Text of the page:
Methyl cellulose hydrogel is a thermo-reversible polymer, that solidifies from its room temperature liquid state with an increase in temperature (inverse freezing). This gel has been shown to be a highly effective shock mitigating material, with potential applications to the prevention of lethal internal injuries caused by shock waves (e.g. ballistic impacts or explosive blasts).
Yet, shock attenuation behavior of AMCS (Aqueous Methyl Cellulose Solutions) is not fully characterized, especially its mechanical properties and attenuation mechanism(s).
In this work, a phenomenological modeling of AMCS momentum attenuation as a function of the gel’s thickness, concentration and frequency is investigated and modeled.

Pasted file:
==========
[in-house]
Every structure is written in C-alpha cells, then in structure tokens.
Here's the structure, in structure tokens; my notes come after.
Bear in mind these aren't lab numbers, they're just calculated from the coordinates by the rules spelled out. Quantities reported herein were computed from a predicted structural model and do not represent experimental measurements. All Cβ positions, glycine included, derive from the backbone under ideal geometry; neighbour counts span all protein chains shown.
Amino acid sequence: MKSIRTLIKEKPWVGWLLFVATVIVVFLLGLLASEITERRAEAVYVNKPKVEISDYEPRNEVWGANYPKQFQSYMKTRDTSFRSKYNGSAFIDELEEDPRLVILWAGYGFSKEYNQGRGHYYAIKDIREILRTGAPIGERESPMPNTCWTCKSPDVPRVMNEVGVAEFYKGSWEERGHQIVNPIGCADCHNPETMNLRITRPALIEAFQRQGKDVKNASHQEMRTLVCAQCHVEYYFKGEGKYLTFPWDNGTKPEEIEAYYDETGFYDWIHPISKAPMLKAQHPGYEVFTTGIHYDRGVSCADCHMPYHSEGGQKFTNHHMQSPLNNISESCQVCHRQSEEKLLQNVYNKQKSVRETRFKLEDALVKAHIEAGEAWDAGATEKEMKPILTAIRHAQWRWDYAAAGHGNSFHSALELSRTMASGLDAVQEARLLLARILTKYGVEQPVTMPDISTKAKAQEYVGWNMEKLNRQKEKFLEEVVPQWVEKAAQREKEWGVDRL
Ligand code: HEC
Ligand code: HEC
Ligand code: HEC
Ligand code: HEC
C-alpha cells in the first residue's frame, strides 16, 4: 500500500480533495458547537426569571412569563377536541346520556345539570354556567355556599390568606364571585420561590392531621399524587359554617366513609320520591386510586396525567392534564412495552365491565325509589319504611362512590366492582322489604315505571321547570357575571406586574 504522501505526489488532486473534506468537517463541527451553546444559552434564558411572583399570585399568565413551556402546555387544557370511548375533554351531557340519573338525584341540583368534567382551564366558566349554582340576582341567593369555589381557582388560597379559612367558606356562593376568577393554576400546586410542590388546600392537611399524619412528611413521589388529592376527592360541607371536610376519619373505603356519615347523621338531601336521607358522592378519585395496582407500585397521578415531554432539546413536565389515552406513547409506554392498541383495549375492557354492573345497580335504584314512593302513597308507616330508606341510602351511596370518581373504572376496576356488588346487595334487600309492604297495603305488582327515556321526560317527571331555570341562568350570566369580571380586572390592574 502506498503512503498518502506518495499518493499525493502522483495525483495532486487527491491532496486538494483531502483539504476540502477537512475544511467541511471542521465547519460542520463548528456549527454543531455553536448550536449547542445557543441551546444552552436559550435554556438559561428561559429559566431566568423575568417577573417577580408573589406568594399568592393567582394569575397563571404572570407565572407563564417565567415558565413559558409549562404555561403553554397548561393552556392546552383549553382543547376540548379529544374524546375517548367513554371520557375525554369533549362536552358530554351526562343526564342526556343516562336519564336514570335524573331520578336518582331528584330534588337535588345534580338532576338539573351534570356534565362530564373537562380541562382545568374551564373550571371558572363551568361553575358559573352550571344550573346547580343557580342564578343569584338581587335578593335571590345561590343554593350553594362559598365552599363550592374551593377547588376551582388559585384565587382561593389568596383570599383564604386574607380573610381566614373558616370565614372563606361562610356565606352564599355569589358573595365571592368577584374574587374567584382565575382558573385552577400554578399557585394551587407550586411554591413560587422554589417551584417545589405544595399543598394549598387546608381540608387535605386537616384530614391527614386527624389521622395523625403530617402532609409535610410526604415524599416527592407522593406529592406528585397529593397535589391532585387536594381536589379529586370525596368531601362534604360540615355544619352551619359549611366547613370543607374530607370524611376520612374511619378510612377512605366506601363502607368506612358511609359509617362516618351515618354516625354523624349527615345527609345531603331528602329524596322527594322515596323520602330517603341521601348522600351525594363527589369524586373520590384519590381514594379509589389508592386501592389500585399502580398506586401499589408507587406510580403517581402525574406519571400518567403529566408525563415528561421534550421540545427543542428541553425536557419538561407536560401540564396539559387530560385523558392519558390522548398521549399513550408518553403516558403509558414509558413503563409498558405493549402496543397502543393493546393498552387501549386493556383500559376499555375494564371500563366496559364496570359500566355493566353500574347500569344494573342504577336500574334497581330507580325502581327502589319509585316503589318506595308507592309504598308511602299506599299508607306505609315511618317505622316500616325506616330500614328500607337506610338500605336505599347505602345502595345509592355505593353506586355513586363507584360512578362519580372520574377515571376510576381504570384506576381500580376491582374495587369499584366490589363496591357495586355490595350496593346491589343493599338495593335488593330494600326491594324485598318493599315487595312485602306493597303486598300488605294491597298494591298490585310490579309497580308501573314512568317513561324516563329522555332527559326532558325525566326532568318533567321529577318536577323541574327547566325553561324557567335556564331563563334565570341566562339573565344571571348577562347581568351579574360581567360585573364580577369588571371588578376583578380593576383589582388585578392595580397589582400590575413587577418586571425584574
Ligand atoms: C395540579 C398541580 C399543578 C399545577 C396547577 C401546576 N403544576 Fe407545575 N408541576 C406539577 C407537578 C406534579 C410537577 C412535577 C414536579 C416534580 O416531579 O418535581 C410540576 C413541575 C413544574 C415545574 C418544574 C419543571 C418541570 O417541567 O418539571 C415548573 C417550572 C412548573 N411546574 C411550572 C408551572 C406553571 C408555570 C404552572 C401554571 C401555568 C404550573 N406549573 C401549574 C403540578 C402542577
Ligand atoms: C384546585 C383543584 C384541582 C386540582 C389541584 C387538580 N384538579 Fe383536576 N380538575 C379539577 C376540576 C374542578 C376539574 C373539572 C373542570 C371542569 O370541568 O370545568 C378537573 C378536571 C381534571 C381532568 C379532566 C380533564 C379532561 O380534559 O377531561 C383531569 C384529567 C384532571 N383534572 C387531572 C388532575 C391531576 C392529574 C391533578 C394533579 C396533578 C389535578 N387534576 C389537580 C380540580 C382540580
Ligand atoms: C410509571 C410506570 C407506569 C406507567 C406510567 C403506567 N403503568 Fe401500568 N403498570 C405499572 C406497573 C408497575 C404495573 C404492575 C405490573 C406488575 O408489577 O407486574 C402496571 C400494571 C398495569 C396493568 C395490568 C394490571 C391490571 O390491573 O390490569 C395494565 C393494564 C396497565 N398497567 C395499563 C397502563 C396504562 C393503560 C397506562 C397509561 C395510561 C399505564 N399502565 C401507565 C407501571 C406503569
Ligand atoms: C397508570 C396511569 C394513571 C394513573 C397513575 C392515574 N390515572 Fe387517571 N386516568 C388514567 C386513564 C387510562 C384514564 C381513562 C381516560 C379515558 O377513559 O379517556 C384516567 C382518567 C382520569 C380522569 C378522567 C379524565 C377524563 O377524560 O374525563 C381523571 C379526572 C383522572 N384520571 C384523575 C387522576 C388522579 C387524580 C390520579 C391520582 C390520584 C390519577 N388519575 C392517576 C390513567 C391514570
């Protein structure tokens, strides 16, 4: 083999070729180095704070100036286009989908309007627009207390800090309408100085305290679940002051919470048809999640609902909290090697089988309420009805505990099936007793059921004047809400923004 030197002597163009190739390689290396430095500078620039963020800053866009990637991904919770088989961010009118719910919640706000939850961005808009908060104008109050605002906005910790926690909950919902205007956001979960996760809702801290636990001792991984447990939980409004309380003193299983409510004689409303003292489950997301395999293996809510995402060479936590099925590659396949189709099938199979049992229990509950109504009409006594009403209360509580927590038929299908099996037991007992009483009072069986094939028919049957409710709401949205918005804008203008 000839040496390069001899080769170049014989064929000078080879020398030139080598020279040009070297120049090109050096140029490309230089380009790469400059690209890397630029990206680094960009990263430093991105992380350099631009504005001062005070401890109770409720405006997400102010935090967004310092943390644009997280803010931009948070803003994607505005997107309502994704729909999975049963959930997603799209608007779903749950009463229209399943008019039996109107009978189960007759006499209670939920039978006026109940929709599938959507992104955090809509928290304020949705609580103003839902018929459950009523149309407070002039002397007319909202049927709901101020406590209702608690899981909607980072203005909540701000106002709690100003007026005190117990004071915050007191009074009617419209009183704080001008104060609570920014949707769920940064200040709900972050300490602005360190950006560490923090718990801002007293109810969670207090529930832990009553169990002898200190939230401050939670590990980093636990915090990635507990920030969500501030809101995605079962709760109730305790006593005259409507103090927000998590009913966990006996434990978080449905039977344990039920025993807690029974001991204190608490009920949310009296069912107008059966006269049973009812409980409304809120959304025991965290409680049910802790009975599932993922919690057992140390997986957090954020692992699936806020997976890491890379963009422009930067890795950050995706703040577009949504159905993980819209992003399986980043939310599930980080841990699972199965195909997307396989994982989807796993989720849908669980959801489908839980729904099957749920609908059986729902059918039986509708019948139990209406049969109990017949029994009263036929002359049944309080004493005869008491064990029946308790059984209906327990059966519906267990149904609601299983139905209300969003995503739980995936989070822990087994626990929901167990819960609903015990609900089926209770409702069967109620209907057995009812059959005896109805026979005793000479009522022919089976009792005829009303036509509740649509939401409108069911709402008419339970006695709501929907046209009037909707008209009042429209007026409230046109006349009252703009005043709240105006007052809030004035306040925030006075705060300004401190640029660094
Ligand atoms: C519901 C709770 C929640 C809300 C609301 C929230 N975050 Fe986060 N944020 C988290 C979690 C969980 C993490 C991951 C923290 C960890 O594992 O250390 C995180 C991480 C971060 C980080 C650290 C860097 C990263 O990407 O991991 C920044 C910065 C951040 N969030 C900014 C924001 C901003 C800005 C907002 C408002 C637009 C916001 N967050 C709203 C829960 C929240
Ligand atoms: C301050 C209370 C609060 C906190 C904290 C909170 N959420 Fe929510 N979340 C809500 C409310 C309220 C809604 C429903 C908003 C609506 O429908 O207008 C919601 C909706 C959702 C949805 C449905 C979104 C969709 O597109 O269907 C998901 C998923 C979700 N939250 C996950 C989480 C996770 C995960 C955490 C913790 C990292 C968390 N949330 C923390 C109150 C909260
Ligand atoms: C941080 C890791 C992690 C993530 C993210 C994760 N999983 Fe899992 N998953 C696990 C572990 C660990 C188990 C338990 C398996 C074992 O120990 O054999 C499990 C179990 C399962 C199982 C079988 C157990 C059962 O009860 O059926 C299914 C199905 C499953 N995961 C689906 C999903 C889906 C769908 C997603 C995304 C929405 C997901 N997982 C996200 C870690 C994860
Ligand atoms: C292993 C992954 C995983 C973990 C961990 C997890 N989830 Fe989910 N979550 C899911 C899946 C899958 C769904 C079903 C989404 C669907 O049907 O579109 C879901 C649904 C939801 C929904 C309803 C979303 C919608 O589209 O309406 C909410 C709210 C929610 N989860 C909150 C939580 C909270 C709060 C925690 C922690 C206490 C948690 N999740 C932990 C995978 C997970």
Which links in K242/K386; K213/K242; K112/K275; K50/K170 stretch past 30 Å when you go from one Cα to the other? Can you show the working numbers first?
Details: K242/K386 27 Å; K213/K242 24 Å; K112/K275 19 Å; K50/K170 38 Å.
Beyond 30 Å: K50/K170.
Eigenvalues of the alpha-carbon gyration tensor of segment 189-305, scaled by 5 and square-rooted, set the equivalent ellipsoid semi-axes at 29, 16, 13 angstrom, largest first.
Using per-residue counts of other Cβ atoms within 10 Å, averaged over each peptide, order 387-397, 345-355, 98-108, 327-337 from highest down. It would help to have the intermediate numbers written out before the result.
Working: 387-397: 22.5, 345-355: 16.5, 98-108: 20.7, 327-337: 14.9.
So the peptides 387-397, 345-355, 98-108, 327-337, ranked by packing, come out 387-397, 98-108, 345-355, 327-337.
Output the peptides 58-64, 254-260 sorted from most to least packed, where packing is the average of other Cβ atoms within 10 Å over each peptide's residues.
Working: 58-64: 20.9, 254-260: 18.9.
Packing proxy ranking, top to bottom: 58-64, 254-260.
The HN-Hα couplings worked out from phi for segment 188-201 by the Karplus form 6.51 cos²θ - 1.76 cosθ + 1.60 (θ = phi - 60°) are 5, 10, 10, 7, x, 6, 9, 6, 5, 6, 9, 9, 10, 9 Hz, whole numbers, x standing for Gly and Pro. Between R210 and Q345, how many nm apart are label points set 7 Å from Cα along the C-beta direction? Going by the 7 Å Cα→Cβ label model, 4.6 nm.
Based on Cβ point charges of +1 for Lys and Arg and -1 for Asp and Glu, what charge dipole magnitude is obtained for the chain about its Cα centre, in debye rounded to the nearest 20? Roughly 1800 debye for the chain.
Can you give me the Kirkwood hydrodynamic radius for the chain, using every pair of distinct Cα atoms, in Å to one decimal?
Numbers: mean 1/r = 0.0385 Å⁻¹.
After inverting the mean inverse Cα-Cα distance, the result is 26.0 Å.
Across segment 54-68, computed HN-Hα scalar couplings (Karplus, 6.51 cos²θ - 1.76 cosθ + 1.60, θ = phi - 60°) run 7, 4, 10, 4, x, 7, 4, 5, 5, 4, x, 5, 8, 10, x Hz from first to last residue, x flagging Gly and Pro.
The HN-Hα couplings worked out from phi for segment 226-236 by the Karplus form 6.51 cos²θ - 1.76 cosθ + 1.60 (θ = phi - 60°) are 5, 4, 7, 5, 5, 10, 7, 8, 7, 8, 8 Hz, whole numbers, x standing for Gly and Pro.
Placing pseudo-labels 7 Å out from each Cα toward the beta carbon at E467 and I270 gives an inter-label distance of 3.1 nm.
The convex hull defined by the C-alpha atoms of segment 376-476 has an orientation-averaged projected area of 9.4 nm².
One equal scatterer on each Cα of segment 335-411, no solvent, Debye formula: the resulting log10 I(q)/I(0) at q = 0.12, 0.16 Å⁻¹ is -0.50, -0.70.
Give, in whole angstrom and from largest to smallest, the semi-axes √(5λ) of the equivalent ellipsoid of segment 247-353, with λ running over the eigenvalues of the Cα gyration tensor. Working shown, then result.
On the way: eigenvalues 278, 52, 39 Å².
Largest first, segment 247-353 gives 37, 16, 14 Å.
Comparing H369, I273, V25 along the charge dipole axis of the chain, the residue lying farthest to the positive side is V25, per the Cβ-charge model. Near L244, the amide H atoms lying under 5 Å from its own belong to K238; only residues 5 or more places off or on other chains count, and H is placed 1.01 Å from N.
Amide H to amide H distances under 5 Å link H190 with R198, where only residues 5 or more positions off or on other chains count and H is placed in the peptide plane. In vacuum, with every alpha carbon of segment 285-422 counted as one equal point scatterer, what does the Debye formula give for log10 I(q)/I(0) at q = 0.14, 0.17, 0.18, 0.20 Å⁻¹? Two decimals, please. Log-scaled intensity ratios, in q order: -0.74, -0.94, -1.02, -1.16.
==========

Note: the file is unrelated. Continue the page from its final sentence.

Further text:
Next, we report the results of the systematic characterization of the energy mitigation characteristics of the gel, as an addition to the previously investigated shock momentum attenuation.
Finally, a study of shock-induced bubble formation in the AMCS and its potential correlation to the shock energy dissipation, under current investigation by using image processing and ultra-high-speed imaging, will be presented.